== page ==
Perversely, the beta-receptor folklore has done us no favours when it comes to trying to understand bronchiolitis and viral wheeze.  The uncertainty created by this myth makes clinicians think that a lack of beta receptors has caused the lack of response to salbutamol.  In fact, the child would respond just fine if only they had bronchospasm.

In bronchiolitis, there is no bronchospasm so salbutamol does not help.  In viral wheeze, ipratopium is a poor treatment and the old myth about ipratropium leads some to believe that ipratropium is the first line treatment for this age group when what they really need is plenty of salbutamol if they really do have bronchospasm.

When discussing the management of wheeze in infants, I often get the impression that people believe that bronchiolitis is just what you call viral wheeze in a child under the age of 12 months.  In fact this is not true.  Bronchiolitis is a separate entity, with different histopathology and a unique clinical pattern of illness.  There is a gradual unset of symptoms, peaking at day 3-4 and beginning to resolve at day 7-10.  Doesn't sound very spasmy does it?

Of course the confusion arises from the fact that both bronchiolitis and viral wheeze are caused by a viral illness.  They can both occur in a child around the age of 12 months old and they cause similar symptoms.  There is however a subtle but helpful difference in the way that they present.

The reason for this difference is a difference in mechanism.  While bronchiolitis and viral wheeze share a cause, the pathology is different because the effects on the airways are different.

I suppose that since it is unrealistic to think that all uncertainty can be removed, the question remains, what is the harm in trying a bronchodilator in all every case, just in case?  Here are a few possible reasons why it is going to make things worse if it isn't going to make things better:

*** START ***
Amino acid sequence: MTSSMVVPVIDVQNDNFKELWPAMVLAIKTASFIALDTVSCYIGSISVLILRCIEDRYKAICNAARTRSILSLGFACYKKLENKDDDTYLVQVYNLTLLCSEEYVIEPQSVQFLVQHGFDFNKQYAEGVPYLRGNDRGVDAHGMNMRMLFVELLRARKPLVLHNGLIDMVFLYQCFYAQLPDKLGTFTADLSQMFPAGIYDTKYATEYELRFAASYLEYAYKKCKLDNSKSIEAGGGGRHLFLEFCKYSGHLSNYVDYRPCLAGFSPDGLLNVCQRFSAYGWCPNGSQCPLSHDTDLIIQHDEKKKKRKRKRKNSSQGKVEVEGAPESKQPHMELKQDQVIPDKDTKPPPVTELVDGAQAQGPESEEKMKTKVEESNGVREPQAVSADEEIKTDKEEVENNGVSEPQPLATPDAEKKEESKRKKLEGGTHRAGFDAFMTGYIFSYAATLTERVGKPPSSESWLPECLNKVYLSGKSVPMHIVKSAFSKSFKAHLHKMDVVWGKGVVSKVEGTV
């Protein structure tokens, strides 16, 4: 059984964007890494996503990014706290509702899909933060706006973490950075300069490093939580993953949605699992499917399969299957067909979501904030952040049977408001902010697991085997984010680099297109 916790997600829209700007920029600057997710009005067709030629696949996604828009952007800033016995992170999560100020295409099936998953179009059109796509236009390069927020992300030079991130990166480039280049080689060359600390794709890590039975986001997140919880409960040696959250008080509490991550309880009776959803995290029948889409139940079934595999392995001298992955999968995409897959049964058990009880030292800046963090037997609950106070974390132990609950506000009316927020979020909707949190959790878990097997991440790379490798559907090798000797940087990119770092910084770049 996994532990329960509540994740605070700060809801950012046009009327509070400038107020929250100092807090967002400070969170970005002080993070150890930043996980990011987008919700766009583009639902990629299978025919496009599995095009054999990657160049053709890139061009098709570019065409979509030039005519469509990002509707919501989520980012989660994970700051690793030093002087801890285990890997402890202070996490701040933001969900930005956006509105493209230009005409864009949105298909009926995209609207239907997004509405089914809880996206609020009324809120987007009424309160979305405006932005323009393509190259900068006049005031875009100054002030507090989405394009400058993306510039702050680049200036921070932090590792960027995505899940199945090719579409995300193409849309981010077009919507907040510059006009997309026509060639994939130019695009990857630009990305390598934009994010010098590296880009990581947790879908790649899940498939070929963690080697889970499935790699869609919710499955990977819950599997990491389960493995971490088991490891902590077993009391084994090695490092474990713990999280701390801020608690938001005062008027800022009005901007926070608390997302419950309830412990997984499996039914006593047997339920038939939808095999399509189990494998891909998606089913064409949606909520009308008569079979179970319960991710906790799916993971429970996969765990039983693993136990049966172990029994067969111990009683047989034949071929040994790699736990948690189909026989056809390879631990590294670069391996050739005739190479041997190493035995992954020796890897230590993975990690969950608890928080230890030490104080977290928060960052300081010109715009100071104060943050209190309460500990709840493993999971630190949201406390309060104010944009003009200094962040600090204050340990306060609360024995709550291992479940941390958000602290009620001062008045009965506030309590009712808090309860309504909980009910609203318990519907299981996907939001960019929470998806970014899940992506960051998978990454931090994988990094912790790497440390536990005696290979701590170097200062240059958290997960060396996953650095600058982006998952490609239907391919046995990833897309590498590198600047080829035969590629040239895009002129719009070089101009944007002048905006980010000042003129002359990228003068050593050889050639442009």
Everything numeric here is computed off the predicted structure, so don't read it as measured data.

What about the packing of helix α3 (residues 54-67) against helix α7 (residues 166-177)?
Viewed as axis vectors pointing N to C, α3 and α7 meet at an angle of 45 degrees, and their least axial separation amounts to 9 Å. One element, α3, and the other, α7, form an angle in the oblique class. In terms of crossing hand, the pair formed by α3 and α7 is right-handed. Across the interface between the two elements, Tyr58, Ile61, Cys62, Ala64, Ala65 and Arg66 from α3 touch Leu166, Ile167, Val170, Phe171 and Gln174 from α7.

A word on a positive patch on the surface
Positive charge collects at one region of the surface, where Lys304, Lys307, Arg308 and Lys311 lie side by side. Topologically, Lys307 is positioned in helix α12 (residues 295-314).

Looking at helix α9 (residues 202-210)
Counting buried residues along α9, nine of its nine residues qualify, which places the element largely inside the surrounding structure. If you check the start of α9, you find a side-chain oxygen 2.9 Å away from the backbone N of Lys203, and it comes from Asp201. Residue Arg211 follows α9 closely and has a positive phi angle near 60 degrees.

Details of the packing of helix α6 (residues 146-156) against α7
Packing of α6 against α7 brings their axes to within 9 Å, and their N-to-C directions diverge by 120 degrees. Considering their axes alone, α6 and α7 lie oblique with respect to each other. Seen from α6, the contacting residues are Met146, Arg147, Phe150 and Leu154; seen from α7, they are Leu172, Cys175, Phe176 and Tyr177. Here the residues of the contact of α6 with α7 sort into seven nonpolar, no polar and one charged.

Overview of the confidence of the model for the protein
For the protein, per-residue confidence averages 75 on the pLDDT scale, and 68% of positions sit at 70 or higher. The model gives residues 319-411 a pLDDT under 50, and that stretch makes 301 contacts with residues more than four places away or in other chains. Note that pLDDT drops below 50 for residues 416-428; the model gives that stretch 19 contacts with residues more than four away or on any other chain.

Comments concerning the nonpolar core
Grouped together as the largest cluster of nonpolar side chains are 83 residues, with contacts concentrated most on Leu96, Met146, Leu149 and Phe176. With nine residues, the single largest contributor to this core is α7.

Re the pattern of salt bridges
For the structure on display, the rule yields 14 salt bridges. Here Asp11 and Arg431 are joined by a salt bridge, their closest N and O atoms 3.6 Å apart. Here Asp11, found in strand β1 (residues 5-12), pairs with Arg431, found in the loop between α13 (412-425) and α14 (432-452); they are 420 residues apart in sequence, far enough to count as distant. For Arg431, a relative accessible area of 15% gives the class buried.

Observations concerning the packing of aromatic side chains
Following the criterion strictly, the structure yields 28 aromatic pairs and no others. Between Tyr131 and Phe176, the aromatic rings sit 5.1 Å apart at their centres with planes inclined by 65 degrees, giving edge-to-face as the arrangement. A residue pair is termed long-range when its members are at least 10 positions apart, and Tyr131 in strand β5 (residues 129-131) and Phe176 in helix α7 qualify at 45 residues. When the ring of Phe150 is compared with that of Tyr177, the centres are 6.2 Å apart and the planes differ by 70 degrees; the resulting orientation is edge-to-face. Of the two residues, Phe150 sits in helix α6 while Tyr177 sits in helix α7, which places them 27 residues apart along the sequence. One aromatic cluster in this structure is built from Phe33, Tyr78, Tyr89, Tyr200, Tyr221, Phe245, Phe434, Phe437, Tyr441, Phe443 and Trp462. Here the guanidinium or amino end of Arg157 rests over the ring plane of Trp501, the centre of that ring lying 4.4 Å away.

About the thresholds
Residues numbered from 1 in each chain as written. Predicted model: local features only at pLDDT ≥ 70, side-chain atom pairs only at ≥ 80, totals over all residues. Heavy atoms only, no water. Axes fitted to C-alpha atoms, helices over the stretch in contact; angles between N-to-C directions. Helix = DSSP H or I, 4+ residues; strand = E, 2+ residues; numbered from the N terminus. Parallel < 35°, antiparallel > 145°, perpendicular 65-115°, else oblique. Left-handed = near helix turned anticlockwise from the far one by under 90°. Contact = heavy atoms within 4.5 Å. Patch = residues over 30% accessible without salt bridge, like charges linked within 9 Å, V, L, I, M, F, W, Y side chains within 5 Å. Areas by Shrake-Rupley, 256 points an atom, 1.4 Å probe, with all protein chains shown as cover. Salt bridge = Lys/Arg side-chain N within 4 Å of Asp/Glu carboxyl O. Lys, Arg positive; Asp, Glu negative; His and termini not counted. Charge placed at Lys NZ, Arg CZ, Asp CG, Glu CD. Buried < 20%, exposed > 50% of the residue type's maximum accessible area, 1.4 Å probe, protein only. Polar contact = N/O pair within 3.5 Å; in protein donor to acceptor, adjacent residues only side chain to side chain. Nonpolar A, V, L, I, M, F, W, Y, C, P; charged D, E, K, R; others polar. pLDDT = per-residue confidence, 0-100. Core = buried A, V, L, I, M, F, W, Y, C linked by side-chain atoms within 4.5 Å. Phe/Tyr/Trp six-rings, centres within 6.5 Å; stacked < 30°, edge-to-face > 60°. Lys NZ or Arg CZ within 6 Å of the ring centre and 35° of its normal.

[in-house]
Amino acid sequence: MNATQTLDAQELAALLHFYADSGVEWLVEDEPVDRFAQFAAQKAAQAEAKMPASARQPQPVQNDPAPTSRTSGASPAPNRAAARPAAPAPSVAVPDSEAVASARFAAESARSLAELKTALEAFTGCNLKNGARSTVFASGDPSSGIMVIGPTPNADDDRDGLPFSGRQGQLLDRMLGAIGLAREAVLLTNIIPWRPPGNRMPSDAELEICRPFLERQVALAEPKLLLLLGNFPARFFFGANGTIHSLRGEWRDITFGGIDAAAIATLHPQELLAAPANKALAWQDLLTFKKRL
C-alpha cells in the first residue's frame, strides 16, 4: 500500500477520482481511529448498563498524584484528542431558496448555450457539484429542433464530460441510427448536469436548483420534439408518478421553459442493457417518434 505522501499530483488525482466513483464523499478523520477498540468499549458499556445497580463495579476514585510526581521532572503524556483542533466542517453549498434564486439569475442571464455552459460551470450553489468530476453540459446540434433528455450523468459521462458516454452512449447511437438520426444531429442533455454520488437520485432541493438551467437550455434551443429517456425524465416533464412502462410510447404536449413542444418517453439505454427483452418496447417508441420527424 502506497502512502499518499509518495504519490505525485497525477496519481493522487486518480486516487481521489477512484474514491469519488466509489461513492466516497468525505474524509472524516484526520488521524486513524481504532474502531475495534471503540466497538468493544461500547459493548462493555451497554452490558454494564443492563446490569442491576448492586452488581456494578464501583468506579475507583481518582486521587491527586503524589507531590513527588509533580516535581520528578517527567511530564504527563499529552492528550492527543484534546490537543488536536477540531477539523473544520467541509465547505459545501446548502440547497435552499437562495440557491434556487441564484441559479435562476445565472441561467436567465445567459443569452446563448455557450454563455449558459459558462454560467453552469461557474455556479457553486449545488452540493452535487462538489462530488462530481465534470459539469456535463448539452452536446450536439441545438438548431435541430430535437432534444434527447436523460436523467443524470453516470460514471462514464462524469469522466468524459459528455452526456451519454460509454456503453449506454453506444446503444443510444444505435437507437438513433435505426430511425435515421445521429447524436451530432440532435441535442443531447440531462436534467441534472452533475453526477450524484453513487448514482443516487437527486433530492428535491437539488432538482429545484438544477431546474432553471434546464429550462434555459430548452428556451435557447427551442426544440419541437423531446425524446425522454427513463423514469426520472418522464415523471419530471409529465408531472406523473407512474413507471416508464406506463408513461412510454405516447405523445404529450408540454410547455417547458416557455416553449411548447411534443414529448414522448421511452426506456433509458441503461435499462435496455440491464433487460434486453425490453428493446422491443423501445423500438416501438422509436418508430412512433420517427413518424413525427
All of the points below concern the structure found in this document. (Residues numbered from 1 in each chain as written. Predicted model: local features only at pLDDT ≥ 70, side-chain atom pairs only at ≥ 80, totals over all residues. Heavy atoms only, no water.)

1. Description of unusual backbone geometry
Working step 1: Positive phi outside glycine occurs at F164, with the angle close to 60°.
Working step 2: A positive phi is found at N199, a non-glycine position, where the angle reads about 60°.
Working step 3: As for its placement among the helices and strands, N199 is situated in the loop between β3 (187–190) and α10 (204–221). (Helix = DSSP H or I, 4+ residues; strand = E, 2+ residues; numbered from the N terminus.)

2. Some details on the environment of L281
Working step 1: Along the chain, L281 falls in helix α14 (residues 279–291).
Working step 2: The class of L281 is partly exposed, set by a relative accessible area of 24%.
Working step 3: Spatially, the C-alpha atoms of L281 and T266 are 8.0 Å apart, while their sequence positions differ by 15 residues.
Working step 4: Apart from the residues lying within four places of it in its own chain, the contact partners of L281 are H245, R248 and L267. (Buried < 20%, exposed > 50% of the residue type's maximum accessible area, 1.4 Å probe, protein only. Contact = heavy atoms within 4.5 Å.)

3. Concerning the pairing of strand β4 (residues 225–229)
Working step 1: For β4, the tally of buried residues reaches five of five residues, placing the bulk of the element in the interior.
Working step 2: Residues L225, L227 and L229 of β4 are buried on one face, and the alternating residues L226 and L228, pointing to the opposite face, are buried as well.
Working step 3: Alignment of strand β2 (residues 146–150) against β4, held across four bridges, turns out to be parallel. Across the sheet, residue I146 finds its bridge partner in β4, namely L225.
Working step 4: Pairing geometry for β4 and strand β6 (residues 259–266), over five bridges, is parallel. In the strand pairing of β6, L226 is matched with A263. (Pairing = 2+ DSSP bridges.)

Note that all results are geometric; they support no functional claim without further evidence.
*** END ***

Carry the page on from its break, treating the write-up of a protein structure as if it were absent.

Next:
It's always difficult when two illnesses have so much overlap, but there are genuinely good reasons to avoid unnecessary treatment for bronchiolitis.  Hopefully understanding why bronchodilators don't work helps the thinking clinicians to decide for themselves, rather than just being told what to do by guidelines.

Edward Snelson

Disclaimer:  I would like to express my appreciation to the children who allowed me to perform lung biopsies on them during their wheezy episodes.  Science thanks you.

  1. Clinical Practice Guideline: The Diagnosis, Management, and Prevention of Bronchiolitis, American Academy of Pediatrics, October 2014
  2. NG9 Bronchiolitis in children: diagnosis and management, NICE, June 2015
  3. A Prendiville et al., Airway responsiveness in wheezy infants: evidence for functional beta adrenergic receptors, Thorax. 1987 Feb; 42(2): 100–104.

Thursday, 29 September 2016

The Internet Has Ruined Everything (Easter Egg - Things You need to Know About Chickenpox)

Things were so much easier when life consisted of being told something by an authoritative figure, after which you could go on indefinitely, believing that fact to be true.  That is how most of medicine has been taught and learned.  The trouble is that much of what we are told is either untrue or unfounded.  Of course to ruin it all, there in now a way to check up on what you are told.  That has made life very difficult for anyone in a medical educational role.